Table 1 summarises the characteristics of the sample at the three treatment centres. The total sample consisted of 95 inpatients (ages 17-30 years, with a mean age of 23 years (SD = 2.9)). The sample was predominantly male (89.5%), Coloured (88.4%), and Muslim (68.4%). Eighty-six percent of the patients had some secondary school education, 77.9% had never been married, 91.6% lived with immediate family, and 61.1% had entered treatment on their own volition. More than half the sample (54.7%) was unemployed, while nearly a third had fulltime employment, at the time of entering treatment. The proportions of patients at the three clinics differed with respect to two demographic variables - religious denomination (p <0.001), with Clinics 2 and 3 having 90% and 75% Muslim patients respectively, while Clinic 1 had 88.2% Christian patients, and RCSG (p=0.066), with Clinics 2 and 3 having more than 90% Coloured patients while 17.7% of the patients at Clinic 1 were White.


Approximately 52% of the sample had commenced substance use between the ages of 10 and 14 years while 85.3% (n=81) had started using substances by age 17 years, with a mean age of substance use onset of 14.7 years (SD=2.4). The most common first substances of use were cannabis (51.6%) and crystal methamphetamine (tik) (17.9%). The most common substances for which treatment was sought (i.e. primary substances of use) were heroin (53.7%) and crystal methamphetamine (33.7%). The large majority of patients used substances every day (90.5%), and used as much as they could obtain (58.9%) or afford to buy (38.9%). All but two participants smoked cigarettes daily, did not count how many cigarettes they smoked, and did not regard their cigarette smoking as a problem (not shown). There was a statistically significant difference in the proportion of patients at the three clinics with respect to the primary substance of use. Heroin was the primary substance of use in more than 60% of the patients at Clinics 2 and 3, compared with 11.8% at Clinic 1. At Clinic 1, more than 40% of the patients had crystal methamphetamine as their primary substance of use compared with 26.7% and 35.4% at Clinics 2 and 3 respectively. Forty-four percent of the patients were in substance use treatment for the first time at the time of the study. Of those who had had previous treatment for their substance use (n=53), 68% (n=36) had been between the ages of 15 and 20 years when they had their first treatment. However, the proportion of patients at each clinic was marginally different with respect to their previous history of substance use treatment (p=0.081), with the majority of patients at Clinic 1 (64.7%) being in substance use treatment for the first time.


Table 2 lists the proportions of patients at each of the clinics with respect to their diagnosis of current psychopathology. In the study all the C-DIS IV modules were administered, but only the most common psychiatric diagnoses are listed in Table 2. Ninety-six percent (Table 1) of patients had some form of psychopathology; only three patients had no non-substance use psychiatric diagnosis. Some patients had more than one current psychiatric disorder. Sixty patients (63.2%) had at least two non-substance use psychopathology diagnoses, and 27 patients (28.4%) had at least three non-substance use psychopathology diagnoses. Of the 92 patients with psychopathology, only four patients had previously been diagnosed with a non-substance use psychiatric disorder (Table 2). There was no statistically significant difference in the proportions of patients at each clinic who had never previously been diagnosed with a psychiatric disorder. The most common current psychiatric diagnoses were substance dependence (91.6%), anti-social personality disorder (ASPD) (87.4%), conduct disorder (CD) (67.4%), oppositional defiant disorder (33.7%) and major depression (25.3%). The proportion of patients differed significantly at the three clinics with respect to mania (p=0.007), with one patient at Clinic 2 having had a manic episode in the last 12 months compared with six and five patients at Clinics 1 and 3 respectively. The numbers of patients diagnosed with substance dependence differed significantly across the treatment centres (p=0.007), with Clinics 2 and 3 having more than 95% of patients dependent on substances compared with 70.6% of patients with substance dependence at Clinic 1. The clinics also differed marginally with respect to generalised anxiety disorder (p=0.059) and post-traumatic stress disorder (PTSD) (p=0.065) although the numbers of patients with these diagnoses were generally relatively small.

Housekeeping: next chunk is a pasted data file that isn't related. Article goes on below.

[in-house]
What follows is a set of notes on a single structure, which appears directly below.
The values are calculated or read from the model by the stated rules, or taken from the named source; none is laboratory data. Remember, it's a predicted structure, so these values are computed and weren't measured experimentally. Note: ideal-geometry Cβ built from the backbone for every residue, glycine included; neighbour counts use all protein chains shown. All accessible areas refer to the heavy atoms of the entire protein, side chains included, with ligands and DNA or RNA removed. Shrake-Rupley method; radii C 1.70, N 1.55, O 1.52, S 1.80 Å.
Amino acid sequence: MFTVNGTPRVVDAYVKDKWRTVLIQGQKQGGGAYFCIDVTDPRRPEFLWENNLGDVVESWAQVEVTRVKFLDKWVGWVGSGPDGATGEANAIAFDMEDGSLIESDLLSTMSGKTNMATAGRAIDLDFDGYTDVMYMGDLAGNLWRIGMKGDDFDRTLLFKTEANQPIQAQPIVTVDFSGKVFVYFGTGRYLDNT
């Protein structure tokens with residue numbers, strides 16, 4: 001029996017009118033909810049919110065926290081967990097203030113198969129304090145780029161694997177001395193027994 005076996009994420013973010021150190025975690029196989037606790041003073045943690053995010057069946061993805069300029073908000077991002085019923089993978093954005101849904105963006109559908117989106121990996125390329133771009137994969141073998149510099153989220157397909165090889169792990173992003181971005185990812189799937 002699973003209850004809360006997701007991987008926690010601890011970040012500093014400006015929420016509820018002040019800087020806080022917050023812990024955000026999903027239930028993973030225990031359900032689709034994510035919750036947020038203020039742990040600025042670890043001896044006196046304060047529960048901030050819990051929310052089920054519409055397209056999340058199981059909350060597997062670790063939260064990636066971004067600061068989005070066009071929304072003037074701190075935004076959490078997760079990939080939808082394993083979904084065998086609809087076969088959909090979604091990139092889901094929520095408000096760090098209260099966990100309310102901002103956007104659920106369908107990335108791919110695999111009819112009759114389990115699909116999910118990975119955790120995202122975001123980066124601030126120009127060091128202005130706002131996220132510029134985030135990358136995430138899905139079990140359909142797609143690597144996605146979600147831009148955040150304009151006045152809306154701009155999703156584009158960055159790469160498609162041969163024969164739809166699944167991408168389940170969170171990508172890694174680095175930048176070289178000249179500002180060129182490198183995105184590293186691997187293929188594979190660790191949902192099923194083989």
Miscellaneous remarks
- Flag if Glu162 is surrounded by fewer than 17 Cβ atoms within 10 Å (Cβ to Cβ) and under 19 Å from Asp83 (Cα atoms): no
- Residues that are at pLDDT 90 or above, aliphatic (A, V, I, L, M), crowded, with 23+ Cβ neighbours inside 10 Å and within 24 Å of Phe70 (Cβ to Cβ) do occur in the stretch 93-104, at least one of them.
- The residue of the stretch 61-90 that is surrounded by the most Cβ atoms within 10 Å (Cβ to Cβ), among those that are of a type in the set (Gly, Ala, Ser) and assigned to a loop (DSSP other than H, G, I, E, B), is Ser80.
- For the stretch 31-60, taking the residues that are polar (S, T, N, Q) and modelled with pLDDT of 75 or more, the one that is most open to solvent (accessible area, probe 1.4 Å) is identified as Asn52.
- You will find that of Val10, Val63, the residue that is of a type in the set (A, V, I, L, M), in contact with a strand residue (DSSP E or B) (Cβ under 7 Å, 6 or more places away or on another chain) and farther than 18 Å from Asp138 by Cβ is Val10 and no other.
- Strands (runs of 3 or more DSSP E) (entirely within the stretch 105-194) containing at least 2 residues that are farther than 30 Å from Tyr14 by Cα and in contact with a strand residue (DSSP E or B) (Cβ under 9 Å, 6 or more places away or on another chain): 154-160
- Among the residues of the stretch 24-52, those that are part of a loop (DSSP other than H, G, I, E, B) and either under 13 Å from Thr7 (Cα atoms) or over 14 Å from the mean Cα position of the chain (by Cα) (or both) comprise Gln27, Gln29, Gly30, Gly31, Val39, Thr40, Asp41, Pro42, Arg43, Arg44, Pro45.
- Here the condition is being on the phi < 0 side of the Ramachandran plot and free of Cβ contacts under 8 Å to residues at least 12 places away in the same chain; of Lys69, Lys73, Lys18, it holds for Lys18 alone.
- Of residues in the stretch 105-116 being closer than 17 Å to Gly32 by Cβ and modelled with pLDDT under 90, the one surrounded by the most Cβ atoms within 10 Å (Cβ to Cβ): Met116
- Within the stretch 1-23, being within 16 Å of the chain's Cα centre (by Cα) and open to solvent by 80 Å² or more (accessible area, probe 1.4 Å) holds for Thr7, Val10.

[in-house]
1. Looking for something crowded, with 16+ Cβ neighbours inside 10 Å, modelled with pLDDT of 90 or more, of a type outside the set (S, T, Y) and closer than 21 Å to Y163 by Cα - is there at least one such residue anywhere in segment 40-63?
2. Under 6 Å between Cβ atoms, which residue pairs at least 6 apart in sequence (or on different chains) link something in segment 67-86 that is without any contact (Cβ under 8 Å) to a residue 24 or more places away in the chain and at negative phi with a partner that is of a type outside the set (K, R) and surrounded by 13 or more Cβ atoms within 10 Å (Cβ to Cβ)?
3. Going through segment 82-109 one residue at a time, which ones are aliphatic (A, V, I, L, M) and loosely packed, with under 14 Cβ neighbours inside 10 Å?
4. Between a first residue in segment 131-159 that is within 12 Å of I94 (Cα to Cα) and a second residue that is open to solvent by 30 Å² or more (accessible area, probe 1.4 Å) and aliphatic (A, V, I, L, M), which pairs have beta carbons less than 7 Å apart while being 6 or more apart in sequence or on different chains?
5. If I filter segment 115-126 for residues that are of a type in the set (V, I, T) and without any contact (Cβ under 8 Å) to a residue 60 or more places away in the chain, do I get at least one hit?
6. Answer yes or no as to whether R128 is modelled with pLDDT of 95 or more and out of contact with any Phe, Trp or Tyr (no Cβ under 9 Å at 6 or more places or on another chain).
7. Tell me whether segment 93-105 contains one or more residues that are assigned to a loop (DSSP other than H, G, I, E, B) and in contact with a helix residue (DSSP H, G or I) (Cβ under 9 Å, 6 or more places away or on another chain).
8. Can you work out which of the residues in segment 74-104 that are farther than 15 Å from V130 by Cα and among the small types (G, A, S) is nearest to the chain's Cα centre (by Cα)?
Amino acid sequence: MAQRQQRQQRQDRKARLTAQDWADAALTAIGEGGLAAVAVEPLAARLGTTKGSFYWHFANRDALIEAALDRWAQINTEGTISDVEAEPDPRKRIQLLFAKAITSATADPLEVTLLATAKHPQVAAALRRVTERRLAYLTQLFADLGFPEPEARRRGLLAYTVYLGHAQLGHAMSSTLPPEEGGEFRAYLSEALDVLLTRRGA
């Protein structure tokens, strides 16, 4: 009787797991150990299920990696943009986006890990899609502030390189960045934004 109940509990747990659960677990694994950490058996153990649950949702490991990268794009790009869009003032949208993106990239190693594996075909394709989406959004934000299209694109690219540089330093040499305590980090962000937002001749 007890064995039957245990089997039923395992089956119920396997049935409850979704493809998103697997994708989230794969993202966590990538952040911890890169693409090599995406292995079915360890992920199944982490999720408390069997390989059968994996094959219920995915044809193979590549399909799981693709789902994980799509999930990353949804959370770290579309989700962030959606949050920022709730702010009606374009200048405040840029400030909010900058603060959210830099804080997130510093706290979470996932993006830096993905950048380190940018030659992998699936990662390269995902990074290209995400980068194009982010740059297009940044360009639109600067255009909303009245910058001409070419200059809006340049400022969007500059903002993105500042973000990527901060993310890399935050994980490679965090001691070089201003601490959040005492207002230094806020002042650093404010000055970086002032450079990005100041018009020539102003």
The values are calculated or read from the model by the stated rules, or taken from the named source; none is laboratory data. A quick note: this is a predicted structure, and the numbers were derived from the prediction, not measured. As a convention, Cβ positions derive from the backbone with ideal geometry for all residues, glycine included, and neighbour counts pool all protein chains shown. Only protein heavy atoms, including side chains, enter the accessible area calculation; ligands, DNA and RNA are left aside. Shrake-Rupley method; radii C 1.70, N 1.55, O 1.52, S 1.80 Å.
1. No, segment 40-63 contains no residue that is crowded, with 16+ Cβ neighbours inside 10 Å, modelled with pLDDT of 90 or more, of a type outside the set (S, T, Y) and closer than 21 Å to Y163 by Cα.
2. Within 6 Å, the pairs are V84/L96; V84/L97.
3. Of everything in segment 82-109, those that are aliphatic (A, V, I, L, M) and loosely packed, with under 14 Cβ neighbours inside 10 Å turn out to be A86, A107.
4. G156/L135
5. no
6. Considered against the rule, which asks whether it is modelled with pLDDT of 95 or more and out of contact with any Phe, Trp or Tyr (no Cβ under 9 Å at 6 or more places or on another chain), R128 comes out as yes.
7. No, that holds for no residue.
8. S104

There was no statistically significant difference in the proportions of any psychopathology by either first substance of use or by primary substance of use (results not shown). Table 3 presents the percentage of patients with the most common first and primary substances of use in terms of the most commonly-occurring non-substance use psychopathology. These results indicate that a statistically significant proportion of those who were positive for conduct disorder had started out using cannabis (p=0.048) compared with those who were not positive for conduct disorder. The proportion of patients who had anti-social personality disorder and had used cannabis as their first substance was marginally higher than the proportion of patients who were positive for the other commonly-occurring disorders and used cannabis as their first substance of use. The difference in the proportions of the other psychopathologies by substance use were not statistically significant.